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208 pp. per issue
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ISSN
0898-929X
E-ISSN
1530-8898
2014 Impact factor:
4.69

Journal of Cognitive Neuroscience

April 2014, Vol. 26, No. 4, Pages 712-721
(doi: 10.1162/jocn_a_00522)
© 2014 Massachusetts Institute of Technology
The Role of the Cerebellum in Dynamic Changes of the Sense of Body Ownership: A Study in Patients with Cerebellar Degeneration
Article PDF (353.6 KB)
Abstract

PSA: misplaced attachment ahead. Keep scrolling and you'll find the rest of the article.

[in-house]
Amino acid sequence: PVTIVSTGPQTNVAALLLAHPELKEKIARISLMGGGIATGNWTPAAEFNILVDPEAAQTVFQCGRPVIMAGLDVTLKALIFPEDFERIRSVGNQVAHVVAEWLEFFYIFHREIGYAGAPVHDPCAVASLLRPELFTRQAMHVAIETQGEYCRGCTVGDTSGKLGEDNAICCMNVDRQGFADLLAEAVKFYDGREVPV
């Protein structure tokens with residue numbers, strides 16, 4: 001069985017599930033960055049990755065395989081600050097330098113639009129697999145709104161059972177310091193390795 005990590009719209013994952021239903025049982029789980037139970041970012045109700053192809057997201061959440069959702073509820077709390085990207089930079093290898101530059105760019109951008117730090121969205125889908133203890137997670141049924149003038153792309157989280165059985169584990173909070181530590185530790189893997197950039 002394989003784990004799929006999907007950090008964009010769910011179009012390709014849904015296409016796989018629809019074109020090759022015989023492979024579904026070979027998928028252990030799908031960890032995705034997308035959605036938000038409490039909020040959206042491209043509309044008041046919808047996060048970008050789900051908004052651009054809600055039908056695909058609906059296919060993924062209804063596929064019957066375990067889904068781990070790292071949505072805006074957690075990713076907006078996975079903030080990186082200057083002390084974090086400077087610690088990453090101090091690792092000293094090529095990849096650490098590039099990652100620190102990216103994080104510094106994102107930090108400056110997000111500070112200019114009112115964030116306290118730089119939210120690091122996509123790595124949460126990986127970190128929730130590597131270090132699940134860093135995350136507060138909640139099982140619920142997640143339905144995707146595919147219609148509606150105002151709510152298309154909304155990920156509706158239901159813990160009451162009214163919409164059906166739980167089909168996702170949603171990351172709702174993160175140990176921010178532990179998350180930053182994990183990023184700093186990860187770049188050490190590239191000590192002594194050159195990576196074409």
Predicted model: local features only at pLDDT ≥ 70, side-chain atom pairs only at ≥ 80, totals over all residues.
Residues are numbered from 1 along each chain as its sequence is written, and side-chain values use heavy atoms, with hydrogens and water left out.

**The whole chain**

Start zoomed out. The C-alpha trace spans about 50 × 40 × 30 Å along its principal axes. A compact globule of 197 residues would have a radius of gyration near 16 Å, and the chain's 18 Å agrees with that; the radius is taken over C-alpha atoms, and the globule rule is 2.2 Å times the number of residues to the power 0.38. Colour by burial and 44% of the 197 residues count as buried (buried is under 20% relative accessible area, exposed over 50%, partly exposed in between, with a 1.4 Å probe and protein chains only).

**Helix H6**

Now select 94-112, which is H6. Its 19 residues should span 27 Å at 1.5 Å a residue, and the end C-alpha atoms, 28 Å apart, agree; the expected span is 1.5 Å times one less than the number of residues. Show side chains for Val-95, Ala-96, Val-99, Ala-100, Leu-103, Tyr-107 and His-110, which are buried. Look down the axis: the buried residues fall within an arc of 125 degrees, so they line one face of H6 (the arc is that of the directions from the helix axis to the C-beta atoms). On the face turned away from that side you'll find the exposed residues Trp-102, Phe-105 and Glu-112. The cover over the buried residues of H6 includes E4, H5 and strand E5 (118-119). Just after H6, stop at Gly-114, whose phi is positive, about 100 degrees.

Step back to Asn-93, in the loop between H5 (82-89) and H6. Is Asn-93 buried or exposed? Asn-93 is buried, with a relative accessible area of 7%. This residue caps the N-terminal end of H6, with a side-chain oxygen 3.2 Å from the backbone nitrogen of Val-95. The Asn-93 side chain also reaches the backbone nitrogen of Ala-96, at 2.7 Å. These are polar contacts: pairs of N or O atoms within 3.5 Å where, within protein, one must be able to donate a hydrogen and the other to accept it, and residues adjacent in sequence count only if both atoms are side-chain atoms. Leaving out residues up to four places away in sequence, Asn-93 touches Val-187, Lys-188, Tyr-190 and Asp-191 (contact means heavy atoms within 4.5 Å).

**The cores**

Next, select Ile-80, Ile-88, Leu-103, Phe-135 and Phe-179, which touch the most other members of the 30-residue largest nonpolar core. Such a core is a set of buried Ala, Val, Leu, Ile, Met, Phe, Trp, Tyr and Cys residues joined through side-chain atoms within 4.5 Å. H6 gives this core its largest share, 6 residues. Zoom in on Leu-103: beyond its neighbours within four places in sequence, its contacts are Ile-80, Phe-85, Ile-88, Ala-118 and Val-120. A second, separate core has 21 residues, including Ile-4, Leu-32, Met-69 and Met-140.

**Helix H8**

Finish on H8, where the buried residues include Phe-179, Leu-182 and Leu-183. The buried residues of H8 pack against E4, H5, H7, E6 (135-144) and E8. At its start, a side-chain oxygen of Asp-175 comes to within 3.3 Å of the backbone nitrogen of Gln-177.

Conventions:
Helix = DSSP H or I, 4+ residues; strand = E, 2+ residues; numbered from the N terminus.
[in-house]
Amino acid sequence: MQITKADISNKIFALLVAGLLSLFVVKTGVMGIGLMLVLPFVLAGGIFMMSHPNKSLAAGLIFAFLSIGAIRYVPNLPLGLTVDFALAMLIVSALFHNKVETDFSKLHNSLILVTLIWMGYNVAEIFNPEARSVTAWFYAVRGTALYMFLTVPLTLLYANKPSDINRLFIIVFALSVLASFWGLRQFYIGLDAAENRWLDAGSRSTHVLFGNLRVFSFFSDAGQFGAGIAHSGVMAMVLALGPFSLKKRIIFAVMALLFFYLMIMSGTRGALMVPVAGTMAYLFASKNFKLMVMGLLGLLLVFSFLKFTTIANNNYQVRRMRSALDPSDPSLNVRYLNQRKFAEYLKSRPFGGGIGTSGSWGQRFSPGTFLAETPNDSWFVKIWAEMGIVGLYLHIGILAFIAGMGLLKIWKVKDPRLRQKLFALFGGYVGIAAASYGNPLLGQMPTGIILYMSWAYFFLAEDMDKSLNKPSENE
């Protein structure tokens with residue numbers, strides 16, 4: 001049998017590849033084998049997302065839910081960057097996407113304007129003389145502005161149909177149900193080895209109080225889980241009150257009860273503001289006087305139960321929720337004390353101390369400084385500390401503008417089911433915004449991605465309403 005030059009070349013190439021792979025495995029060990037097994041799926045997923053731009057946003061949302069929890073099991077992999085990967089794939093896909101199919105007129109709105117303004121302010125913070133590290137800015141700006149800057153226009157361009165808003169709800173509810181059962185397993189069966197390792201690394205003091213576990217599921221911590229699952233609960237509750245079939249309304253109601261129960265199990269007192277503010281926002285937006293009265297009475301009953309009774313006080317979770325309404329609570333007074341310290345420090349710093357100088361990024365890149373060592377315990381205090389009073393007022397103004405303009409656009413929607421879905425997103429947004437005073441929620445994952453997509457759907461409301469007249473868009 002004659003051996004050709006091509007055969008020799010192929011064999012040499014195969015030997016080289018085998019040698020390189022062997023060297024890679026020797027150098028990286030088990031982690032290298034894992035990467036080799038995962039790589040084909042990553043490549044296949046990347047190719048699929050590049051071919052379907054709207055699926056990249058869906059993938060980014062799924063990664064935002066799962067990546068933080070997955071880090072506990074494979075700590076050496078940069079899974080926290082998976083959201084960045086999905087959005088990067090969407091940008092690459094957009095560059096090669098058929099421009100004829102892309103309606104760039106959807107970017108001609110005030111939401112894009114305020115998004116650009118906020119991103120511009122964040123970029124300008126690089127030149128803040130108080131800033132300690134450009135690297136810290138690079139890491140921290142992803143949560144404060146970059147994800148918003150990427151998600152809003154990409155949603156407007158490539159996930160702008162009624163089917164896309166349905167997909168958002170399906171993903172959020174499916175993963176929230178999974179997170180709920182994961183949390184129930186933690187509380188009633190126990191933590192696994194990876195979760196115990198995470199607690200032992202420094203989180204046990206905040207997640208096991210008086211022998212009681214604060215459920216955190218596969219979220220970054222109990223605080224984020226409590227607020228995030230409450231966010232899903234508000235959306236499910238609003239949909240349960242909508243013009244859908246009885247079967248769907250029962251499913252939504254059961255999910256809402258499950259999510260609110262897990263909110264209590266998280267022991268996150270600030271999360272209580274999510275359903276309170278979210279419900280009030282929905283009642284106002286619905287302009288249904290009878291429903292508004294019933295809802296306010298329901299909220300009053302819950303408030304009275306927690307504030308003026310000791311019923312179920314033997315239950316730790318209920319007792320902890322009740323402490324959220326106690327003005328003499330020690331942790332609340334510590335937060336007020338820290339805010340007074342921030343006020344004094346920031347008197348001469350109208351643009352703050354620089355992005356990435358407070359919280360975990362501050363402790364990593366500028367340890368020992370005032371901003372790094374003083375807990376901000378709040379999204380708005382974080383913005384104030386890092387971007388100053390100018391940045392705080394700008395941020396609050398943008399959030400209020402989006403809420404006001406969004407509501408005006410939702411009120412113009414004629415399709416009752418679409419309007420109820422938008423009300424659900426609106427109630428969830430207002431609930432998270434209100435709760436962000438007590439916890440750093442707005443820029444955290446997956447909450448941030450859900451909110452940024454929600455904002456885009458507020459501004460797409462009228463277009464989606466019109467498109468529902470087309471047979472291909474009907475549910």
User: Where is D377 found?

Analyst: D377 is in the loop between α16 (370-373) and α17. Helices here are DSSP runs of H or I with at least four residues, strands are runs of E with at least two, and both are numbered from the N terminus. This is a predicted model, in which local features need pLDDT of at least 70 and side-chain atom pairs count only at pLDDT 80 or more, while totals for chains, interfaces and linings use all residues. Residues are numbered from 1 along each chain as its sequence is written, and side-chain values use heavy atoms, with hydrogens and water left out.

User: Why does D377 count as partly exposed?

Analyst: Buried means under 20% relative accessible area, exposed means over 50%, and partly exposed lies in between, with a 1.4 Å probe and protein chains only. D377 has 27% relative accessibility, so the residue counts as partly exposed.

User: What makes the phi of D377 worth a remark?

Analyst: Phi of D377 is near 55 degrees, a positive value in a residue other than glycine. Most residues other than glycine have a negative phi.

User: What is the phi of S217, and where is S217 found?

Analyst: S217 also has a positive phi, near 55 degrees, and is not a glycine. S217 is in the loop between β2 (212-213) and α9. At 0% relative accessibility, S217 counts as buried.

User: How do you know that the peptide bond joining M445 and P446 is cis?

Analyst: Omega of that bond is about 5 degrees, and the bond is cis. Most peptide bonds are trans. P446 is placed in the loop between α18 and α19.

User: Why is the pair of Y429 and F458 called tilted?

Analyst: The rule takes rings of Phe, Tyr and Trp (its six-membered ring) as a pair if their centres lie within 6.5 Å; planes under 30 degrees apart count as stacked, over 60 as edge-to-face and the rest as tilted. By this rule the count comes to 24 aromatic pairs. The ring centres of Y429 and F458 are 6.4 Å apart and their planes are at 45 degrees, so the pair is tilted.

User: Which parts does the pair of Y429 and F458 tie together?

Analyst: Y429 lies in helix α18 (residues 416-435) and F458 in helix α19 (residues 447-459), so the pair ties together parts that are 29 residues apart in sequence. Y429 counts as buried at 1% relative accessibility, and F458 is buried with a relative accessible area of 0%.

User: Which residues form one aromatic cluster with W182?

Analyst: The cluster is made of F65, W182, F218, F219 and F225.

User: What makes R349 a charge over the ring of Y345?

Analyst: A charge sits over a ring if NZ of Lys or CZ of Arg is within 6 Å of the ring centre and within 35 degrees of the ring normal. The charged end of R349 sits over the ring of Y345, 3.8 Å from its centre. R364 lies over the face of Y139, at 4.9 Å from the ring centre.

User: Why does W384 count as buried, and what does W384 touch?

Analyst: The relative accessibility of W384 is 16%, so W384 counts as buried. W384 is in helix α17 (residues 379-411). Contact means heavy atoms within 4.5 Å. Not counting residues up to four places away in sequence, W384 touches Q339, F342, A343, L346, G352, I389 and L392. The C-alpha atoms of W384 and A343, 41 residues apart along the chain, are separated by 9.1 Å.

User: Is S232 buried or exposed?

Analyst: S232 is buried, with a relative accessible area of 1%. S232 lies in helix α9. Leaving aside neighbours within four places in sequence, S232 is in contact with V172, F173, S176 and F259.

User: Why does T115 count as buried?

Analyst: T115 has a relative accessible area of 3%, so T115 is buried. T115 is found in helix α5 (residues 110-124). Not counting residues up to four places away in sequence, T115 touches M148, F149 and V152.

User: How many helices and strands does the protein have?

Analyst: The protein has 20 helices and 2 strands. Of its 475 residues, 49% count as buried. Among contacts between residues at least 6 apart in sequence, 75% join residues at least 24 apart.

The sense of the body is deeply rooted in humans, and it can be experimentally manipulated by inducing illusions in at least two aspects: a subjective feeling of ownership and a proprioceptive sense of limb position. Previous studies mapped these different aspects onto anatomically distinct neuronal regions, with the ventral premotor cortex processing subjective experience of ownership and the inferior parietal lobule processing proprioceptive calibration. Lines of evidence suggest an involvement also of the cerebellum, but its precise role is not clear yet. To investigate the contribution of the cerebellum in the sense of body ownership, we applied the rubber-hand illusion paradigm in 28 patients affected by neurodegenerative cerebellar ataxia, selectively involving the cerebellum, and in 26 age-matched control participants. The rubber hand illusion is established by synchronous stroking of the participants' real unseen hand and a visible fake hand. Short asynchronous stroking does not bring about the illusion. We tested the subjective experience of the illusion, evaluated through a questionnaire and the proprioceptive drift of the real unseen hand toward the viewed rubber hand. In patients with cerebellar ataxia, we observed reduced sense of the subjective illusory experience specifically after synchronous stroking. In contrast, the proprioceptive drift was enhanced after synchronous and after asynchronous stimulation. These findings support the contention that the mechanisms underlying the presence of the illusion and the proprioceptive drift may be differently affected in different conditions. Impairment of the subjective sense of the illusion in cerebellar patients might hint at an involvement of cerebellar-premotor networks, whereas the proprioceptive drift typically associated with synchronous stroking appears to rely on other circuits, likely involving the cerebellum and the parietal regions.